The large, bloated spacesuits worn by Neil Armstrong and his fellow Apollo astronauts half a century ago are now out of fashion. Lunar Haute Couture is now calling for something a little more form-fitting and suitable for both men and women. NASA has revealed an early prototype of the next generation of spacesuits for the first astronauts expected to return to the lunar surface in the coming years.
The space suit was presented at the Johnson Space Center in Houston (USA), to the media and students, in a session organized by the Texas-based Axiom Space Company, which NASA has contracted to manufacture Artemis suits, the successor to the Apollo program.
The Artemis 1 mission, the inaugural launch of NASA’s powerful new rocket and its newly built Orion spacecraft, achieved a successful unmanned flight around the Moon and back to Earth in December.
NASA and the Canadian Space Agency plan to announce the four astronauts selected to fly next year on the Artemis 2 mission. If successful, the flight will pave the way for astronauts ending a decade to the lunar surface, Artemis 3 — the first-ever mission to the lunar south pole. .
NASA promises that subsequent Artemis missions will include the first non-white people on the moon. The program, named after Apollo’s sister in Greek mythology, ultimately aims to create a sustainable lunar base as a staging post for future human missions to Mars.
NASA Administrator Bill Nelson says the new spacesuits “will provide opportunities for more people to explore and do science on the moon like never before.”
The 12 NASA astronauts who walked on the Moon on the six Apollo missions between 1969 and 1972 were all white men.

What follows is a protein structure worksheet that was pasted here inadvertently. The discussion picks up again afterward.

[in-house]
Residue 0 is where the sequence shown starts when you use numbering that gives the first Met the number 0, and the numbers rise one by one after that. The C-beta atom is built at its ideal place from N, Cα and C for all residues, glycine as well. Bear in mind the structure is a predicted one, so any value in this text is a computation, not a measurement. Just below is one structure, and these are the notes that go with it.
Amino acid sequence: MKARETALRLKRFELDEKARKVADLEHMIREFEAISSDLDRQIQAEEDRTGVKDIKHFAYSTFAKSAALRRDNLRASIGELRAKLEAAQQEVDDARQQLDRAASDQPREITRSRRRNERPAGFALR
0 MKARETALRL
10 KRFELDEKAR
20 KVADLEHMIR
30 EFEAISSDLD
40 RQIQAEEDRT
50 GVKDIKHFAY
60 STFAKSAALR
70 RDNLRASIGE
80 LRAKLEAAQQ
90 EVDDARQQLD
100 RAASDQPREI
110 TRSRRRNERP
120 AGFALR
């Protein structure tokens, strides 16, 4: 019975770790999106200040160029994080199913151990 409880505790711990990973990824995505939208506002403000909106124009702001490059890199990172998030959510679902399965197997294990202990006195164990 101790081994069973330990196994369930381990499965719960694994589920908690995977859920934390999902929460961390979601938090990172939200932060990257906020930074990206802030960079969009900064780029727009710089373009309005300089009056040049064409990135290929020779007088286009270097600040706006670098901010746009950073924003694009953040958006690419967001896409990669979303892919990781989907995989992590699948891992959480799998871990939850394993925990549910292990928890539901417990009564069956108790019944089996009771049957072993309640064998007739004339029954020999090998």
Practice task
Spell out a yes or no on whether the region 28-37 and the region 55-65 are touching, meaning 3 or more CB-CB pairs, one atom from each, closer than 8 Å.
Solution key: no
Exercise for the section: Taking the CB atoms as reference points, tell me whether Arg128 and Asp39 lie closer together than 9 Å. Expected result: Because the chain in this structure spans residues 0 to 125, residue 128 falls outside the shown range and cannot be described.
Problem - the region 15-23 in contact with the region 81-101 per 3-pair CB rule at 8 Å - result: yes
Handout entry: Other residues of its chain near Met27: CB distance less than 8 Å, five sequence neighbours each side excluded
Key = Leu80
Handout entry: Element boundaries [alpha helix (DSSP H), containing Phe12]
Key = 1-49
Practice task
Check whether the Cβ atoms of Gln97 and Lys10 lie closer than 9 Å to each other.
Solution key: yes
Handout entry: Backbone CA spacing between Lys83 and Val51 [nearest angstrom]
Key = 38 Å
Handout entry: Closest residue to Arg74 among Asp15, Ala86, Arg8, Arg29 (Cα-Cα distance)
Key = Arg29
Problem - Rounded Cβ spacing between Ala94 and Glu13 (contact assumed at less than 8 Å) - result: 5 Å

The suits worn by Artemis astronauts will look very different from the bulky spacesuits she wore last year. Promoted by Axiom as the “Axiom Extravehicular Mobility Unit,” or AxEMU, the new suits are more agile and flexible than those of the Apolo program, with greater range of motion and versatility in size and fit. It is designed to serve a wide range of potential users, NASA said, and accommodates at least 90% of the male and female population of the United States. They will also integrate advances in life support systems, compression garments, and avionics.
However, the latter aspect of the facts remains a closely guarded secret. The figure shown has a charcoal gray outer shell with orange and blue accents and the Axiom logo on the box. But the company says the suit worn by astronauts at the moon’s south pole will be white, because that’s the best color to reflect the intense sunlight on the lunar surface and protect the wearer from extreme heat.
Axiom says it has teamed up with designer Esther Marquis, who participated in the TV series for all mankindproduced by Apple TV+, was used to cover the event using the Axiom logo and the company’s trademark colours.
However, the Texas company’s tag isn’t the only tag Artemis astronauts will use for years to come. NASA also hired Collins Aerospace, of Charlotte, North Carolina (USA), as a competitor in building spacesuits for use on the Moon and during spacewalks outside the International Space Station.
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